2. There was a failure of proof because no deed to the State was proved. In 1926 there were two methods by which tax sales could be made: one after sale to the State, the other direct from the tax collector without previous sale to the State. The latter method of sale was equally as valid as the former. Jacoby v. Wolff, 198 Cal. 667, 682–683, 247 P. 195. Sections 3764, 3771 and 3785b Political Code which provided for this latter type of sale were carried into the Revenue and Taxation Code as Chapter 3, Division 1, Part 6 and finally repealed in 1949. Stats.1949, p. 468. The deed from the tax collector to Hinkson is in the form provided by section 3785b Pol.C., Stats.1913 p. 558, which described the form of deed to be given where the property was sold to a purchaser other than the State of California. Where there had been a previous sale to the State section 3898 Pol.C., Stats.1917 p. 715, provided another form of deed, with a recital of the sale to the State and other recitals not appearing in the deed under consideration. The form of the tax collector's deed to Hinkson makes it clear that the sale was of the sort discussed in Jacoby v. Wolff, supra. Hence, there having been no deed to the State, no such deed could be proved nor was it a link in the tax title. Cases such as Litchfield v. County of Marin, 83 Cal.App.2d 730, 189 P.2d 750, holding that the deed to the State must be proved can have no application to a case where under the existing law no deed to the State was made or required.

3. The property was described in the tax collector's deed to Hinkson as: ‘In Washington Township, Map of the Town of Newark, Map filed of record in the office of the Recorder of Alameda County, Lots 1 to 26 inc., block 218.’

The proof showed that in 1921 there were five maps of the Town of Newark or parts thereof on file in the office of the county recorder. Upon three of these maps no block 218 appeared. On two maps a block 218 is shown. On only one of the maps, filed May 6, 1878, is block 218 divided into lots and on that map block 218 was divided into 26 lots. The subsequent deeds in the chain of title conveyed block 218 as shown on the map recorded on May 6, 1878. On this showing it is futile for appellant to argue that the description in the tax collector's deed to Hinkson is uncertain or that it does not describe the same property as that described in the later deeds. ‘That is certain which can be made certain.’ Civ.Code, § 3538. There was only one map of the Town of Newark of record in the recorder's office which showed Block 218 divided into lots and that showed it divided into 26. The reference in the tax collector's deed, ‘Lots 1 to 26 inc. Block 218’, under the circumstances could only refer to this particular map.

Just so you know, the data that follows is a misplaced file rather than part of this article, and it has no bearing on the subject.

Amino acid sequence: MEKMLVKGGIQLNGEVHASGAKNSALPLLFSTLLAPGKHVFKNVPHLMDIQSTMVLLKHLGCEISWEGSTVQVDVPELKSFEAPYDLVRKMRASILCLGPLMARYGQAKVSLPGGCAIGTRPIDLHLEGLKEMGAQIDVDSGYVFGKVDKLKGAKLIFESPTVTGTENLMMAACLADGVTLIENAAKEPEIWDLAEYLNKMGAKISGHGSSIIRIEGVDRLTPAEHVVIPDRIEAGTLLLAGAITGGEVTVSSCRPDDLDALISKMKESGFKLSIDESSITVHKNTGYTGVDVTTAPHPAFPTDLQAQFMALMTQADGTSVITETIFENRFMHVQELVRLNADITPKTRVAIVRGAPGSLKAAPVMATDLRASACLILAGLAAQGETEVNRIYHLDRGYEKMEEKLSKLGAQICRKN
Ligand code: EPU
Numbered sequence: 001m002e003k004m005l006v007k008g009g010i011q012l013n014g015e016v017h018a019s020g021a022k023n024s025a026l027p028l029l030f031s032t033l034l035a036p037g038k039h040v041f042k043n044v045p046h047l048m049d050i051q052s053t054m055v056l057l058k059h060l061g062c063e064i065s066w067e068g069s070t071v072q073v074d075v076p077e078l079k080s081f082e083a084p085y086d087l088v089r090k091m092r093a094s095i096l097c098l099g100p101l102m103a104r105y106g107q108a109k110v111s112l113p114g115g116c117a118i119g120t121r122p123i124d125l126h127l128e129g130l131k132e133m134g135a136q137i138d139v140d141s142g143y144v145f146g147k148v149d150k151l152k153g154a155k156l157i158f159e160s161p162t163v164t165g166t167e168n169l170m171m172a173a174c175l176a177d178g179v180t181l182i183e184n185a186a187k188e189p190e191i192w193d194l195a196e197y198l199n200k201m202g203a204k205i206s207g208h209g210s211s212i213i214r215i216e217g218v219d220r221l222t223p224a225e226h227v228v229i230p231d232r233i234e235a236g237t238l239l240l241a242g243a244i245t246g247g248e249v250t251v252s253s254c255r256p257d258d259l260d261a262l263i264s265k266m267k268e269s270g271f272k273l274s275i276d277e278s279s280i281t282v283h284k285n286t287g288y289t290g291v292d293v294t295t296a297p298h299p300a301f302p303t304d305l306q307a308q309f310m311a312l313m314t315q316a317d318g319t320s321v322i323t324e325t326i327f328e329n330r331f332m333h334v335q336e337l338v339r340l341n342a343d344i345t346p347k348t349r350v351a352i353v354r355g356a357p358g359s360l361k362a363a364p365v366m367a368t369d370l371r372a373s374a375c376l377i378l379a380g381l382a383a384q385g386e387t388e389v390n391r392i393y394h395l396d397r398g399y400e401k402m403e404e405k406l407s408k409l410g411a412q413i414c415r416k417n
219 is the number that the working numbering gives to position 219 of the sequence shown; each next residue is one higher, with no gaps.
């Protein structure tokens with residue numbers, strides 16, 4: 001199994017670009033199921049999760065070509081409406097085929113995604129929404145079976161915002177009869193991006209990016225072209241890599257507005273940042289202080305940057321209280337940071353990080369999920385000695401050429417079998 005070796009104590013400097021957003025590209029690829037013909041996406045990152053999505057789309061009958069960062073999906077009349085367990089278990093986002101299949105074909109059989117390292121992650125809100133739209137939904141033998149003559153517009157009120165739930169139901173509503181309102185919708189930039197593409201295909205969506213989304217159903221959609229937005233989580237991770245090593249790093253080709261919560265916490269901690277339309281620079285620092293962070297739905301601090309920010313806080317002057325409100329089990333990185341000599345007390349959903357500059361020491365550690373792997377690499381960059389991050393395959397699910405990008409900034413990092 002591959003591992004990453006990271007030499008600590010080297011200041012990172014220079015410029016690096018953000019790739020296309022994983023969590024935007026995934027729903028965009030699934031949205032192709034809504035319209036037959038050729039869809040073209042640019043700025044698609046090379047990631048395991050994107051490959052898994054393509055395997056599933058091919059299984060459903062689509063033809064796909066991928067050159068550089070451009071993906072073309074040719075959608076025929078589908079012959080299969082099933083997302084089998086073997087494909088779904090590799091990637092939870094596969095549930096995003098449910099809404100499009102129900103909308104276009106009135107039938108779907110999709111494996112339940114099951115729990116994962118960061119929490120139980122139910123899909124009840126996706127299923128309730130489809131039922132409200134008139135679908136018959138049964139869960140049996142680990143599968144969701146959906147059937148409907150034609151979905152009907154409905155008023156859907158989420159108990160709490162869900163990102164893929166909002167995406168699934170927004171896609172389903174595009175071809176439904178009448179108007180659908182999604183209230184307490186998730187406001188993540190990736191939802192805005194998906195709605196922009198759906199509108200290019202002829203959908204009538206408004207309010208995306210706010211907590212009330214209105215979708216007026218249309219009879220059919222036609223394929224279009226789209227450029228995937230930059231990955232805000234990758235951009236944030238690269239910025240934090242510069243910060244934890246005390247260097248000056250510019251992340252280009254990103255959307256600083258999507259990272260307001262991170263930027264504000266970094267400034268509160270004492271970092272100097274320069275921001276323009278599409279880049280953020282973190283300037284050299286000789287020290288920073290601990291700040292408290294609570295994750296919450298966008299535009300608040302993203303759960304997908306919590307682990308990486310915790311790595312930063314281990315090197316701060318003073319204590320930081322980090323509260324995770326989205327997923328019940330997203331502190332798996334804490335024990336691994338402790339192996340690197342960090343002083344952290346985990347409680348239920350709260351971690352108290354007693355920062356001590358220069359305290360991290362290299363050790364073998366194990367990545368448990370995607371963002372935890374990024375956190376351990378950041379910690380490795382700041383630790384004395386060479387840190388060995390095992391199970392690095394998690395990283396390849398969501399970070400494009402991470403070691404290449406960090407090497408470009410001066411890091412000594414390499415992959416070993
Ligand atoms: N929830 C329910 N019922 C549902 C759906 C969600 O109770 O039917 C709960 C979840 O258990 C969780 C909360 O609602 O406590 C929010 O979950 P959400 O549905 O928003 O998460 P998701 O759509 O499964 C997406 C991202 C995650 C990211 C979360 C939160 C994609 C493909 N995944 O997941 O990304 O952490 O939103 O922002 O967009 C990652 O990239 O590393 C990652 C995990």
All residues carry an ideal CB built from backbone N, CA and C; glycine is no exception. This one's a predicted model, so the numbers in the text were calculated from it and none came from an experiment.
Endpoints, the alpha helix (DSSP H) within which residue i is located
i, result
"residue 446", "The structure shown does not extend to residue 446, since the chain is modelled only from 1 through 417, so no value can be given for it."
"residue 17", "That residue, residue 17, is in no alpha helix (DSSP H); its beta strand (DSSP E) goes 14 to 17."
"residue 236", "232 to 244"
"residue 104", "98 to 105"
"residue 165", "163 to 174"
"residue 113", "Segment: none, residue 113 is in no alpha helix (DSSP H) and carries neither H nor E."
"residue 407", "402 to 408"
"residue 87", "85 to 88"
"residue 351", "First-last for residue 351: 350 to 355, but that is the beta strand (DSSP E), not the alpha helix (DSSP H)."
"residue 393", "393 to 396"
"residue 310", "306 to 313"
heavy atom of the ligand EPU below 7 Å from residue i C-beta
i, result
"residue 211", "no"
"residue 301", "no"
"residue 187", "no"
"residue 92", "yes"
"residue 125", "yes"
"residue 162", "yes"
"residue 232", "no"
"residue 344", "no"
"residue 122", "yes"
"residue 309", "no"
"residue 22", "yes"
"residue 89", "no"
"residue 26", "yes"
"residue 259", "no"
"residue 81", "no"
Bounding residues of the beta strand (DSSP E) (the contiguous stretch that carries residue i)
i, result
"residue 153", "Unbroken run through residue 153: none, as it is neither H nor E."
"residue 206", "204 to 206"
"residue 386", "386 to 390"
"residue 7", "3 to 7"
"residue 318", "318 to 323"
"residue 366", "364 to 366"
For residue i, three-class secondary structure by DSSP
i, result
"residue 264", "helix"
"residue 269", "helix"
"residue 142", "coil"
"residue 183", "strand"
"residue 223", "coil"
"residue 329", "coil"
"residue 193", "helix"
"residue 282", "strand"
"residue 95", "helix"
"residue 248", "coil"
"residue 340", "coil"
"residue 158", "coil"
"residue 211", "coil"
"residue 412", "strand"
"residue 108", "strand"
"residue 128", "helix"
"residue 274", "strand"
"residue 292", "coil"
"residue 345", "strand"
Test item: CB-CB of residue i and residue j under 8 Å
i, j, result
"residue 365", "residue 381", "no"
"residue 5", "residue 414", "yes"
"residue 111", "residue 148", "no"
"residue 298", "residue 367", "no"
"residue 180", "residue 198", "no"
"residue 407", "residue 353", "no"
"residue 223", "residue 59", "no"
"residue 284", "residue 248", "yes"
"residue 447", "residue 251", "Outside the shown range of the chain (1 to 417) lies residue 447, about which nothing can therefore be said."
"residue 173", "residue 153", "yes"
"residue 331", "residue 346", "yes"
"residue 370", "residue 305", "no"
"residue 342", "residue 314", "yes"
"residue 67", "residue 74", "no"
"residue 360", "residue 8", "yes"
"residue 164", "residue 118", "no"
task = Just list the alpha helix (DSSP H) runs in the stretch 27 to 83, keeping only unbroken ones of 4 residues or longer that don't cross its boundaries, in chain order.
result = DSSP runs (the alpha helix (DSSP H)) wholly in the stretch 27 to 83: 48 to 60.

Since the tax title under the rule of Helvey v. Sax, supra, 38 Cal.2d 21, 237 P.2d 269, constituted ‘a new and complete title’ and since this title was proved to have been transferred from Calif. Land to Riviera and from Riviera to appellant, subject to the joint venture agreement, the court properly required appellant to account to respondent for the proceeds of the sale of block 218. It is immaterial that appellant had received a deed of block 218 from another source to which the trial court properly found that the tax title was paramount.

Appellant complains of the court's exclusion of evidence that Food Machinery Corp. had been in actual possession of block 218 for over 5 years. It is a complete answer that appellant did not plead the statute of limitations. Hall v. Chamberlain, 31 Cal.2d 673, 679, 192 P.2d 759. There could, of course, be no title in Food Machinery Corp. by adverse possession since there was no claim that it paid the taxes during this period. Section 325 Code Civ.Proc.

Appellant's argument that there was no covenant running with the land is unavailing since the recovery is based on the theory of trust.

The court found that while appellant purchased the Workman judgment prior to his acquisition of the real property from Riviera ‘negotiations for the acquisition of said real property were commenced prior to the purchase of said Workman judgment.’ While appellant argues that the acquisition of the Workman judgment was free of the equities of Lantz, the court was entitled to conclude that the purchase of this judgment in anticipation of the acquisition of Riviera's title which was subject to the trust in favor of Calif. Land was a part of a scheme to defeat the trust and therefore must be held to be subject to the trust. This fact disposes of the argument that as the holder of an outstanding junior lien appellant was entitled to purchase the deeds of trust to protect the judgment lien.